Mood as verbal definiteness in a "tenseless" language

Mark Baker, Lisa Travis

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26 Scopus citations


This article argues that the mood morphemes found on punctual verbs in Mohawk are to be analyzed semantically as markers of verbal definiteness/ specificity. In particular, the so-called future marker is an indefinite morpheme, indicating that the event argument of the verb undergoes Heim's (1982) rule of Quantifier Indexing. In contrast, the seeming past marker is a marker of definiteness/specificity, indicating that the event argument is immune to Quantifier Indexing. This explains many apparent peculiarities of the Mohawk verbal system, including: the use of "future as a past habitual form, the use of mood prefixes in conditionals, free relatives, and complement clauses, and the incompatibility of "past" with negation. The relationship between indefinite mood and future events, where it exists, is explicated in terms of the branching theory of time proposed by Dowty (1979) and Kamp and Reyle (1993), which is grounded in a fundamental asymmetry in how humans conceive of the future versus the past.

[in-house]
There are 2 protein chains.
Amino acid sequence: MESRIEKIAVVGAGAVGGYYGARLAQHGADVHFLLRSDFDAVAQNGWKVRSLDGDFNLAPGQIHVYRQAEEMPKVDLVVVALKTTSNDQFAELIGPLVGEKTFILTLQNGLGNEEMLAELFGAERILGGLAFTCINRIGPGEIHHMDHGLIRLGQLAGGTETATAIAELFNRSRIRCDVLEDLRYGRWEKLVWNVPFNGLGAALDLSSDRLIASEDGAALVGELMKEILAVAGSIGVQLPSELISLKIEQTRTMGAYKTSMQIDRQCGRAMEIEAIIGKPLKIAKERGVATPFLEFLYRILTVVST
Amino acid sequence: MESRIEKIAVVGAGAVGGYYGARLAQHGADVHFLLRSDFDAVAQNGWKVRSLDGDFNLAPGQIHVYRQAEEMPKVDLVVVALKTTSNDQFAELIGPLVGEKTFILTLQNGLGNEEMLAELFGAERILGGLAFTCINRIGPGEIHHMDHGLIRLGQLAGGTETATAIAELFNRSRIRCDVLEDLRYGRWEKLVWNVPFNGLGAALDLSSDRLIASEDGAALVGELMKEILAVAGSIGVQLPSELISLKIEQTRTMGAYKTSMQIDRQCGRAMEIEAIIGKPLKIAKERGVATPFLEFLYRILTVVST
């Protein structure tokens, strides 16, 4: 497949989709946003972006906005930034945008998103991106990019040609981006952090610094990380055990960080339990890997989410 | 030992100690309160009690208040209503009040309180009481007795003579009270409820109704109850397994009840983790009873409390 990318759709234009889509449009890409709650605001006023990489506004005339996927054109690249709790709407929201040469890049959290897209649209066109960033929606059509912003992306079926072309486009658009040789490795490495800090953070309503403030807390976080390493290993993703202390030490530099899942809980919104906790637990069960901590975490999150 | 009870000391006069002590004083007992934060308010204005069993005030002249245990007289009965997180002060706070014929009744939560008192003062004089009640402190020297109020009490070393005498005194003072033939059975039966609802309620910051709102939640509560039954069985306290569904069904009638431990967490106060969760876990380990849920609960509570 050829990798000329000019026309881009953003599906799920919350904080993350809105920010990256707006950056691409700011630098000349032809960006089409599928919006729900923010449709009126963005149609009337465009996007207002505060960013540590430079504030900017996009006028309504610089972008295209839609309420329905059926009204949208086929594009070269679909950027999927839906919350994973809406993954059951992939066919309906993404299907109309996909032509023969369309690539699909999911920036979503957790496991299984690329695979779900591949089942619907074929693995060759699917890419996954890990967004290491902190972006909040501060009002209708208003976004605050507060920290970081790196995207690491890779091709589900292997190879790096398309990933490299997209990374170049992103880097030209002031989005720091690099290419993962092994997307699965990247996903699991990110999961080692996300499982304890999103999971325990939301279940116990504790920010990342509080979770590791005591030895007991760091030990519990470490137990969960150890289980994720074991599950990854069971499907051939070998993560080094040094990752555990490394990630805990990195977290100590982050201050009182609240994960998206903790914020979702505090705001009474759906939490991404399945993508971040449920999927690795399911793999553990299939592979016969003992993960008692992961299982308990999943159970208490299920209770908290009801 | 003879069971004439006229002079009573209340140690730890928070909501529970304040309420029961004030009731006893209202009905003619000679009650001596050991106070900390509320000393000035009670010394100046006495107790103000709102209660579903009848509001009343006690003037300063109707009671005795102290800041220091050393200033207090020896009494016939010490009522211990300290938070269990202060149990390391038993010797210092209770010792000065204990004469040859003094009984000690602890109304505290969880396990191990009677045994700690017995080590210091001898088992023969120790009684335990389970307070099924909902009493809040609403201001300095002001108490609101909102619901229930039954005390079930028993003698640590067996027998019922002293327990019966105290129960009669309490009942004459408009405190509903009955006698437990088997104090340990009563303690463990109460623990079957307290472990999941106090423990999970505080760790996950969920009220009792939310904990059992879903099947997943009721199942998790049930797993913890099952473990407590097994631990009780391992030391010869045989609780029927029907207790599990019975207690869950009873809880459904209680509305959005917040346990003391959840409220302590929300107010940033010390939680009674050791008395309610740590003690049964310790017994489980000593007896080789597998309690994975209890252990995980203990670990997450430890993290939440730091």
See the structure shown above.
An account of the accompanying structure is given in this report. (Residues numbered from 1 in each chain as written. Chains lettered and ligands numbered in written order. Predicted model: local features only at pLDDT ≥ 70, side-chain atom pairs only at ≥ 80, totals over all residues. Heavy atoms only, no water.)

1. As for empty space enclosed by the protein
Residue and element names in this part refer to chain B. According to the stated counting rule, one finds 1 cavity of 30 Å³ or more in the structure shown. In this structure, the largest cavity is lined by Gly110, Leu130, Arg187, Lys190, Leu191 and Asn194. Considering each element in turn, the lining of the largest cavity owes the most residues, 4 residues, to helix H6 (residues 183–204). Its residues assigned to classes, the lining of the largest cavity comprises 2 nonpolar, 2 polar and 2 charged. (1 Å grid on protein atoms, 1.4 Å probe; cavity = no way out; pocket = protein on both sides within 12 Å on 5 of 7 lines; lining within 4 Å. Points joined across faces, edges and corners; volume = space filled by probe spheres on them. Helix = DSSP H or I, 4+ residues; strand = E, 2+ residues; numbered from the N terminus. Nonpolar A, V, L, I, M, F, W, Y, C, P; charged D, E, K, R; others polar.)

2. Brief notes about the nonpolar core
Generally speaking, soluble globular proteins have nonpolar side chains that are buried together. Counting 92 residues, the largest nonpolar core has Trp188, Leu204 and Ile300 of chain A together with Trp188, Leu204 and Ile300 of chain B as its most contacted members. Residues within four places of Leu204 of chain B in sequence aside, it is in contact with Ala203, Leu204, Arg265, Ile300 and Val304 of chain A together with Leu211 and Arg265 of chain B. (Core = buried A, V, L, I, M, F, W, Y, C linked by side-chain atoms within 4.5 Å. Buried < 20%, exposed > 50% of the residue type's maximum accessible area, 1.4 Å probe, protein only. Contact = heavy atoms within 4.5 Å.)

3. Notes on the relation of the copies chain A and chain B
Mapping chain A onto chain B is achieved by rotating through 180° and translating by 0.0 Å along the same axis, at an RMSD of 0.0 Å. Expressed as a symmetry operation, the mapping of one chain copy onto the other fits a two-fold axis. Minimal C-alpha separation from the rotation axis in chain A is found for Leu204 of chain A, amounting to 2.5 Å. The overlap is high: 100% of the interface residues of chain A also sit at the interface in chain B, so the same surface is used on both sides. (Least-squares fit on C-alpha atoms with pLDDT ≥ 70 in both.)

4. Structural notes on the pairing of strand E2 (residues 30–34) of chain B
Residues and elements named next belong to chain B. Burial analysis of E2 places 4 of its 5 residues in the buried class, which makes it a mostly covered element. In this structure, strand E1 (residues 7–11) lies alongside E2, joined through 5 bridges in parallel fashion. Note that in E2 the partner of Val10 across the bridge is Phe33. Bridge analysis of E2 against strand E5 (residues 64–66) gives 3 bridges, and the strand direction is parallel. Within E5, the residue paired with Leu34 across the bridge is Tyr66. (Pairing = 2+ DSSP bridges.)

Original languageEnglish (US)
Pages (from-to)213-269
Number of pages57
JournalNatural Language Semantics
Issue number3
StatePublished - 1997
Externally publishedYes

All Science Journal Classification (ASJC) codes

  • Philosophy
  • Linguistics and Language


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